‘Star Trek: Discovery’ S5 Review: Final Season Is Its Best

This season has a brisk pace and the sense of fun that in the past has been crushed under the weight of grave galactic stakes.

Sonequa Martin-Green in Star Trek: Discovery. Marni Grossman/Paramount+

Star Trek: Discovery occupies an interesting place in the celebrated franchise. It was the first Trek series of the streaming era, the first to debut behind a paywall, the first produced after J.J. Abrams’ big screen reboot, and the first to put a woman of color in the captain’s chair. Discovery redefined the look and feel of the franchise on television, bringing Trek into the modern world of feature-level photography, effects, and pace of story. It blazed a trail for a new generation of Trek media, like direct spin-off Strange New Worlds and the upcoming Section 31 TV movie. It is also not terribly popular amidst the old guard of Trekkies, nor is it a mainstream hit or a critical darling. Discovery has struggled to find its footing from the very beginning and is still uneven after years of retooling. I do not consider its cancellation after five seasons to be a tragic loss for television. However, Discovery may still have one “first” left to achieve: It may be the first Star Trek series whose final season is its best. 

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(A quick personal note to the handful of Trekkies who just clutched their pearls: Season 4 of Enterprise is not better than Season 3, it merely has more familiar stuff for fans to point at with childlike glee. And you’ve likely already read my thoughts on Picard’s final season.)

Even as a critic of the show, I have to acknowledge that every season of Discovery has started with a bang. It’s the nature of a serialized, season-long story arc to kick off with something resembling the first act of a feature film, and Season 5 is no different. The opening chapter, “Red Directive,” is a fast-paced space adventure packed with flashy action set pieces. The illustrious Captain Michael Burnham (Sonequa Martin-Green) and her crew are on the trail of Moll (Eve Harlow) and L’ak (Elias Toufexis), a spacefaring Bonnie and Clyde who have stumbled across a secret with enormous implications for the future of the galaxy. Just like the previous three seasons, this sets Team Disco off on another cosmic scavenger hunt, jumping to a new world each week to find the next clue to the season’s grander mystery.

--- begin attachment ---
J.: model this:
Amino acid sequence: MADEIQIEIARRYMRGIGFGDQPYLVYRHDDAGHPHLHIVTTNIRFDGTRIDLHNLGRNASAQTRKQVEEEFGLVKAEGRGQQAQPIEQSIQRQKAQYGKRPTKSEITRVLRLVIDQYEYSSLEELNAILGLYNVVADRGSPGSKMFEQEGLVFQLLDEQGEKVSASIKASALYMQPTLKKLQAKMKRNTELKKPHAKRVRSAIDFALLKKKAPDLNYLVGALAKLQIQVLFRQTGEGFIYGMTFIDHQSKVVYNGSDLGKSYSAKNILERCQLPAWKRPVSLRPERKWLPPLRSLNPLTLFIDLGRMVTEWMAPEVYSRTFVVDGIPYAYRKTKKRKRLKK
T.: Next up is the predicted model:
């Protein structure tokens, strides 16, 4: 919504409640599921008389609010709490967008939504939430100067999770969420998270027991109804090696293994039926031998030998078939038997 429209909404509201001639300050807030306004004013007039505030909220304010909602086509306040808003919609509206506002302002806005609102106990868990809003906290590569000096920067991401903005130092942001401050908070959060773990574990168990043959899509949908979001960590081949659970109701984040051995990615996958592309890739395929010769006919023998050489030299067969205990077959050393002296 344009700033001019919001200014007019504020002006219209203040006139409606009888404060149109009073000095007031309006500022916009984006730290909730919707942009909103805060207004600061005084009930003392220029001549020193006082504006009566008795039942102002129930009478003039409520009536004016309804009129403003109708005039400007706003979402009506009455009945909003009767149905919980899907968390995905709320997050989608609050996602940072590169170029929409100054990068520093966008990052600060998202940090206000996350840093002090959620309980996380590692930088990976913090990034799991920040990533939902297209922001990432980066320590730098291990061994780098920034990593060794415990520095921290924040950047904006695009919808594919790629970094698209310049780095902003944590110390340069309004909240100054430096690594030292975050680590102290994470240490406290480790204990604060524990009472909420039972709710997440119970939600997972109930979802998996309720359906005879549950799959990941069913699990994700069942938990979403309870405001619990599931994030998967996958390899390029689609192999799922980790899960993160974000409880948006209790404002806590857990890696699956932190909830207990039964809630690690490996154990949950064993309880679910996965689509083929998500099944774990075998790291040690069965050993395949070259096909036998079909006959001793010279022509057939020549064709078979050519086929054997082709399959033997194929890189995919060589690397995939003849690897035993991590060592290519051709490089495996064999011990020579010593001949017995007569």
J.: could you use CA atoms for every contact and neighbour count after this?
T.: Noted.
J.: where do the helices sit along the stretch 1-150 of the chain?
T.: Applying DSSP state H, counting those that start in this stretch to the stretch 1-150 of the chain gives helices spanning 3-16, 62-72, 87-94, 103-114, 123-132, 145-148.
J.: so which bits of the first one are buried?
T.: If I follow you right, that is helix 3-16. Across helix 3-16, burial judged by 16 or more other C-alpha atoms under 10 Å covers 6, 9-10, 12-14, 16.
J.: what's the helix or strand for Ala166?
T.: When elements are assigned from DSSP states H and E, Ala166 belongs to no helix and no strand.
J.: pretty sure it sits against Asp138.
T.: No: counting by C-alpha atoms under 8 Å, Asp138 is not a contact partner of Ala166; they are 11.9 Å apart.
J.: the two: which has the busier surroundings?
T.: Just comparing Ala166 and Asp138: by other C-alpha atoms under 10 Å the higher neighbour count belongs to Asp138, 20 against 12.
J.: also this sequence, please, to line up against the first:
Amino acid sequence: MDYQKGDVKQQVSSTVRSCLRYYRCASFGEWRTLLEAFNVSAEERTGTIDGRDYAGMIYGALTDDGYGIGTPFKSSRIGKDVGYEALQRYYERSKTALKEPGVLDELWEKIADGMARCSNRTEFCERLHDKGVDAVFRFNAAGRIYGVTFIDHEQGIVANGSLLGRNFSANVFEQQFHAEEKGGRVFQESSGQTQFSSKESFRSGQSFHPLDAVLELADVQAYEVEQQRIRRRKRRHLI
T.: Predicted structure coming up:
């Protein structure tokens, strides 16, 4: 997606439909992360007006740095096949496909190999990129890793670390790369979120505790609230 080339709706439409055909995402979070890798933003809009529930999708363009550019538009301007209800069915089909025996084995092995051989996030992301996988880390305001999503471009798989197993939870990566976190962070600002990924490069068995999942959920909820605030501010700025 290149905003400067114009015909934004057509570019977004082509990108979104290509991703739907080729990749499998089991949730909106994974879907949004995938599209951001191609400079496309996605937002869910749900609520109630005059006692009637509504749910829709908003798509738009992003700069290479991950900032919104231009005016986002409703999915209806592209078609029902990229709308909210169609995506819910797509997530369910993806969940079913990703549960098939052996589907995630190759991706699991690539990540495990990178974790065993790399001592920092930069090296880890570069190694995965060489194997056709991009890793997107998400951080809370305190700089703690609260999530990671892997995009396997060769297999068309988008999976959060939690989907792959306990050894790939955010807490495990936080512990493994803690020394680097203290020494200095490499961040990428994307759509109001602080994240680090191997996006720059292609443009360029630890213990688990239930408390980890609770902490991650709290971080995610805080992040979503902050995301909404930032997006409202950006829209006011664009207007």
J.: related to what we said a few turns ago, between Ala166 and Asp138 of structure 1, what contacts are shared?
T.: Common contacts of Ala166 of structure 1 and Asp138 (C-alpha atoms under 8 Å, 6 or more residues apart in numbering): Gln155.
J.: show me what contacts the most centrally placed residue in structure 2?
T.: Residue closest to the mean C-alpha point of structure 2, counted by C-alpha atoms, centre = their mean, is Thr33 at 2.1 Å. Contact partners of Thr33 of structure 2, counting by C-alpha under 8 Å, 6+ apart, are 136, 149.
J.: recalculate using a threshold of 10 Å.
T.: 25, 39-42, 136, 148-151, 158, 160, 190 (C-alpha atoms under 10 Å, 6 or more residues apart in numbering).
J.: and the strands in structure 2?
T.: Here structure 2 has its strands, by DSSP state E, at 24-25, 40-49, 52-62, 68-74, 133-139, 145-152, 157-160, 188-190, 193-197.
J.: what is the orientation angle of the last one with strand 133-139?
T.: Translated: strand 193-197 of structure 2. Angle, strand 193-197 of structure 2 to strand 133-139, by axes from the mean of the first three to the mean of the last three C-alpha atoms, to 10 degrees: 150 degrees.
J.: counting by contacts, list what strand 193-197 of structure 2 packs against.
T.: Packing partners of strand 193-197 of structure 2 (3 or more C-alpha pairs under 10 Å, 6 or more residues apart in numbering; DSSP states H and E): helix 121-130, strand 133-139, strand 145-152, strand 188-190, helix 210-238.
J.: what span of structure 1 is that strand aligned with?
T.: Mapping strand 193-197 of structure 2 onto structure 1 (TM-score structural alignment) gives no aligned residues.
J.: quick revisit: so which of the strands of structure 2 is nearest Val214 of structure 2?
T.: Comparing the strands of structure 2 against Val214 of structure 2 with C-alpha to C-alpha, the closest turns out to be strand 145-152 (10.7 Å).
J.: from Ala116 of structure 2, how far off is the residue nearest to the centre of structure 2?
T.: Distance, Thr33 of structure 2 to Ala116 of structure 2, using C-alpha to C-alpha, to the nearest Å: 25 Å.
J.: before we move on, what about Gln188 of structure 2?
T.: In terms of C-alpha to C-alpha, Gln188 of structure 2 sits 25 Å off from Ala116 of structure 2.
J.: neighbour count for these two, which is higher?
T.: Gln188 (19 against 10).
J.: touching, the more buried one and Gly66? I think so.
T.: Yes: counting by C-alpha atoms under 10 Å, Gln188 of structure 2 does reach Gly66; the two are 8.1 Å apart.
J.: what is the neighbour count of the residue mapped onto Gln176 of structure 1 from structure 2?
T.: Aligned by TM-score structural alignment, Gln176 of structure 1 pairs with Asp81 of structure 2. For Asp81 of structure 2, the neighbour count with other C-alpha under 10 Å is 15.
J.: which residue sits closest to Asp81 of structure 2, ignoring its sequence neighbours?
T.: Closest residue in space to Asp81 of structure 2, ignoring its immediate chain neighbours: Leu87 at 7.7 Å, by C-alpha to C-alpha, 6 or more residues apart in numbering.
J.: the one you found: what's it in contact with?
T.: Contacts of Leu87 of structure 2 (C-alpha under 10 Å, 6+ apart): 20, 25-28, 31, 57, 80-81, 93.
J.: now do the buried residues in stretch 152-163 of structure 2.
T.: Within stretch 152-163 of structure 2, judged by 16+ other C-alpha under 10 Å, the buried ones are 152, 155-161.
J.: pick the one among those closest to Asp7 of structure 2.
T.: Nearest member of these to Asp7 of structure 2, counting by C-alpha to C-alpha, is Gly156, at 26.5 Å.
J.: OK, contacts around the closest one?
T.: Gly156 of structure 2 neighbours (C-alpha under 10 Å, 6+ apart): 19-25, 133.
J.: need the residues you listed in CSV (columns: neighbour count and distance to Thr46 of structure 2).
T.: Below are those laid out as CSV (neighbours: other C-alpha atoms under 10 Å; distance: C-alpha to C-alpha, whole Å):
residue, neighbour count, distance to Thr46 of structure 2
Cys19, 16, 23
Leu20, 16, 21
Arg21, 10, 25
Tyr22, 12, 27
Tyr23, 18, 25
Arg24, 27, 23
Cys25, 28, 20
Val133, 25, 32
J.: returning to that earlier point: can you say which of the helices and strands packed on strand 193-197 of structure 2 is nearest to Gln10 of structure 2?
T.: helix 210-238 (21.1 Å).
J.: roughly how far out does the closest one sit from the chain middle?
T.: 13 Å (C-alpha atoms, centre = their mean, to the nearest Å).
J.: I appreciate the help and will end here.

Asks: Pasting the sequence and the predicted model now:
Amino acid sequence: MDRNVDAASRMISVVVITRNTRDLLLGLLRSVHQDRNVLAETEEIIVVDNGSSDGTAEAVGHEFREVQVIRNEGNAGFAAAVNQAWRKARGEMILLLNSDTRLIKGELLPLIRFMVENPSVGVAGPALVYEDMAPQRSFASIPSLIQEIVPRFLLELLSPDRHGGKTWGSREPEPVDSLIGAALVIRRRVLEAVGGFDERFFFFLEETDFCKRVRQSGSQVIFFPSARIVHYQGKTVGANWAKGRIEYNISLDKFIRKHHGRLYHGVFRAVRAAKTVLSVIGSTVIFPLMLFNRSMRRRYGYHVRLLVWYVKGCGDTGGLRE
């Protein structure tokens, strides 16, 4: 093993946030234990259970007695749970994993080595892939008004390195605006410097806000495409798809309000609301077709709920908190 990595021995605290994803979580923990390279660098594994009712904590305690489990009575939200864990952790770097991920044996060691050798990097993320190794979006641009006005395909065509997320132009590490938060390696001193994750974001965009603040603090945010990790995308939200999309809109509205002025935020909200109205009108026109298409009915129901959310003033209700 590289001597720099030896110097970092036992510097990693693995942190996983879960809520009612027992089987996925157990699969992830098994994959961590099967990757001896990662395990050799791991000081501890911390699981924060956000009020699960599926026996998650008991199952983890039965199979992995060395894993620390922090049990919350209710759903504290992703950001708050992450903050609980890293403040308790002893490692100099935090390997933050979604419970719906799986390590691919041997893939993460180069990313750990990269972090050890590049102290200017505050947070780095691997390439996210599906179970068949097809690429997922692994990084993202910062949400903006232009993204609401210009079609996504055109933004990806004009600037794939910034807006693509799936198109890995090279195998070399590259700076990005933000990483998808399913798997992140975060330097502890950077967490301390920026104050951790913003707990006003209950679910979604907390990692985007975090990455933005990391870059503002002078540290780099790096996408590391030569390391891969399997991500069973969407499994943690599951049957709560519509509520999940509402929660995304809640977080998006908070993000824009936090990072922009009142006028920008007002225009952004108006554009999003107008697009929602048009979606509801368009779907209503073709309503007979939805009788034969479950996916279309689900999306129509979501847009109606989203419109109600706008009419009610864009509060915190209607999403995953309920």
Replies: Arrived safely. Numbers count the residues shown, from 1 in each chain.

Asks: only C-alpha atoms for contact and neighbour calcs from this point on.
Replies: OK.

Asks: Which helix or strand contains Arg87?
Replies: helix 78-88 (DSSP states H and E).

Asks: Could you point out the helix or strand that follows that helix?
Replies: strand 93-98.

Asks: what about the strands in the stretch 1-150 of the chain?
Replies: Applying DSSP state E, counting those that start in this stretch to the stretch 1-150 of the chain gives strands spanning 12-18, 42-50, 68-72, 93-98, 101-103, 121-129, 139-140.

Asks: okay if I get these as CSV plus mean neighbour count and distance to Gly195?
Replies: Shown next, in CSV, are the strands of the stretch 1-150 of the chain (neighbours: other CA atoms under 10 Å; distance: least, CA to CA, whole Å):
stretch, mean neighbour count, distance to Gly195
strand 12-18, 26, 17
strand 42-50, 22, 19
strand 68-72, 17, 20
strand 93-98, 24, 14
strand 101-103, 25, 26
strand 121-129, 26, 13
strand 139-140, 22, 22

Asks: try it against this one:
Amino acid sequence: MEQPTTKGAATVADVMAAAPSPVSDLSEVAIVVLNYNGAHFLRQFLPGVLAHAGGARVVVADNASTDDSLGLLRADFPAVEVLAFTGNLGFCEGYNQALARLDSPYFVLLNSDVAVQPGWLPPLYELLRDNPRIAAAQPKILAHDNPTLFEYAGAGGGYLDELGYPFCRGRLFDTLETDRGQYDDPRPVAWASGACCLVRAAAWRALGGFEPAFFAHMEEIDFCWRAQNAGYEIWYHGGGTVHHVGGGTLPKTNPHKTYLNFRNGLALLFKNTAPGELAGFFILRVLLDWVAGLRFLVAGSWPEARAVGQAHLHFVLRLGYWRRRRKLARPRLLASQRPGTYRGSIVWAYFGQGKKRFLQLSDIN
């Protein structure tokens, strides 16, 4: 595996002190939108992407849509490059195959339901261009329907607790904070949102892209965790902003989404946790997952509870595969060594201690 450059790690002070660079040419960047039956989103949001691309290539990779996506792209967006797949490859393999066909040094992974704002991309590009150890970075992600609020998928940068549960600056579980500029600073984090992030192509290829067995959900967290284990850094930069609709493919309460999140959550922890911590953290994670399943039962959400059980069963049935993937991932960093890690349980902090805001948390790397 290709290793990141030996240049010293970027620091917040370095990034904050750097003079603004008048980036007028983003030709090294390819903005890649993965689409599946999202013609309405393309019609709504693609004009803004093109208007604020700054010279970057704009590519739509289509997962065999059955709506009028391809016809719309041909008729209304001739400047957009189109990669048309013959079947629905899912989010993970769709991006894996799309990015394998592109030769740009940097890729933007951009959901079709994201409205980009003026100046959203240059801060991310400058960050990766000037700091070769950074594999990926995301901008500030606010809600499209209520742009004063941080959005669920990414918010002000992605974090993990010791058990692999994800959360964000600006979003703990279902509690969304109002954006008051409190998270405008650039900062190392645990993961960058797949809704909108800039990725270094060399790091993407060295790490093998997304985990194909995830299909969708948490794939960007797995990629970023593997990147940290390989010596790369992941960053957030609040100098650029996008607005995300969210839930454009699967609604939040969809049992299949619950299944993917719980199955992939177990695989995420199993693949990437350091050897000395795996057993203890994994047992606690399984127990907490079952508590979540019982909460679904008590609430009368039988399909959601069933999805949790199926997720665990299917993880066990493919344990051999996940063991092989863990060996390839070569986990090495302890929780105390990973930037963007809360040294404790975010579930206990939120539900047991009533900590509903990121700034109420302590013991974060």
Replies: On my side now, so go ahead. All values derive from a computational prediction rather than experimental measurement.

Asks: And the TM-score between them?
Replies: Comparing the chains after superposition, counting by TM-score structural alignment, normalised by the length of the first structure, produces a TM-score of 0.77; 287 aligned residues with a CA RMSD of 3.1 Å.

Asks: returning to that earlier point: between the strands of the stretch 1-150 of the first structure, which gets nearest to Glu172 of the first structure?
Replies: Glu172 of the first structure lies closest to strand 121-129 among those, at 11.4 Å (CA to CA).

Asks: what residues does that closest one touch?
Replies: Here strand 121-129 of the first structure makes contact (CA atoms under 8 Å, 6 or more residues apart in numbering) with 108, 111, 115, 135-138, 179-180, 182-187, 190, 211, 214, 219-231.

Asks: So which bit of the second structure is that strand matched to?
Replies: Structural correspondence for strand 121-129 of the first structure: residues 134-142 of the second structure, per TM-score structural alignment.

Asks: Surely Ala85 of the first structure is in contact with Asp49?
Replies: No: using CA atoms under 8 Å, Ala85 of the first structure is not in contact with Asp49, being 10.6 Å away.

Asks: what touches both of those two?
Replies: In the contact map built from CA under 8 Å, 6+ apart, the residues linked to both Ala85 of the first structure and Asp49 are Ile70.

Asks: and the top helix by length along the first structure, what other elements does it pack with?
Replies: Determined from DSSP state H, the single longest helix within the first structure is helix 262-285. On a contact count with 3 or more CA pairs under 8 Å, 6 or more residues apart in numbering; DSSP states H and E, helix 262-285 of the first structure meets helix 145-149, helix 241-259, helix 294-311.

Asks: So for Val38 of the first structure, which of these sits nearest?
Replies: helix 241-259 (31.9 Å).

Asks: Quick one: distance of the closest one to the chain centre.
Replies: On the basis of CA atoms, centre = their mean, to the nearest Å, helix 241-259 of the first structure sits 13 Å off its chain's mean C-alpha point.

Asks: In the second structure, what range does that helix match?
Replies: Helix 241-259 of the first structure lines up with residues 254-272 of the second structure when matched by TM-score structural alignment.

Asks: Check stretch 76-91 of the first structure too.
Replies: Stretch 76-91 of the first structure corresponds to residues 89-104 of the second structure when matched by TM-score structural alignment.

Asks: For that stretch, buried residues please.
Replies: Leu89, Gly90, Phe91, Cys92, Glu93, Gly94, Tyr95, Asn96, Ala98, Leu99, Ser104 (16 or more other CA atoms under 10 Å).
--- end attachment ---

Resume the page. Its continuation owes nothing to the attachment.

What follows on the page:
David Ajala, Sonequa Martin-Green, and Wilson Cruz (from left) in Star Trek: Discovery. Marni Grossman/Paramount+

Historically, this is where Discovery has run into trouble. While each chapter tends to have its own contained adventure plot or even a classic Trek “message of the week,” they’re rarely that memorable and they advance the season’s overarching storyline without adding much depth. This season, though, has a brisk pace and a sense of fun that, previously, has been crushed under the weight of grave galactic stakes. Paramount has promoted this season as having an Indiana Jones energy to it, and that’s a fair comparison. The characters are enjoying themselves more, and for the first time since Season 2, the story isn’t built around some unfathomable tragedy. To my best recollection, none of the episodes provided in advance to critics feature any crying. That’s four consecutive episodes, possibly a new track record.

This is not the only way in which Discovery’s new season throttles back on the show’s occasionally cloying sentimentality. The season premiere introduces a new character, Captain Rayner (Callum Keith Rennie), a gruff pragmatist who serves as a contrast to Burnham’s soft-spoken, personable, firmly feminine command style. At first, Rayner appears to be a straw man representing aggro, entitled white male authority, a trope Discovery goes to often. As the season progresses, Rayner acquires some depth and even some likability. It’s fun to watch this grumpy old guy interact with a cast full of characters who are totally in touch with their feelings. Most importantly, Rayner provides something that the series has needed ever since Burnham took command of Discovery: a professional peer with whom to disagree and occasionally compromise. It’s an essential role that her first officer, Saru (Doug Jones), has become too adoring and loyal to play. Burnham has earned the devotion of her crew, but watching her gracefully manage dissent only enhances her aura of strength and leadership.

Sonequa Martin-Green and Callum Keith Rennie Star Trek: Discovery. Marni Grossman/Paramount+

Even though production was wrapped before Discovery was canceled (with additional shooting after that announcement to tie up loose ends), Season Five feels like a finale from the very beginning. A few characters are moving on with their lives, pursuing new interests and relationships. There are more fun, non-intrusive callbacks to Treks past than in the last two seasons, which makes it feel a bit like a victory lap for the streaming era’s flagship show. Above all, there is a sense of ease, as if the cast and crew have finally got their engine running smoothly and can cruise to the finish line. It’s the energy a series possesses at its peak, a point to which fans will often look back and say “They probably should have stopped there.” Barring a significant misstep in its final six episodes, Star Trek: Discovery will never be past its prime, and that’s a distinction its creators can wear with pride. 

‘Star Trek: Discovery’ S5 Review: Final Season Is Its Best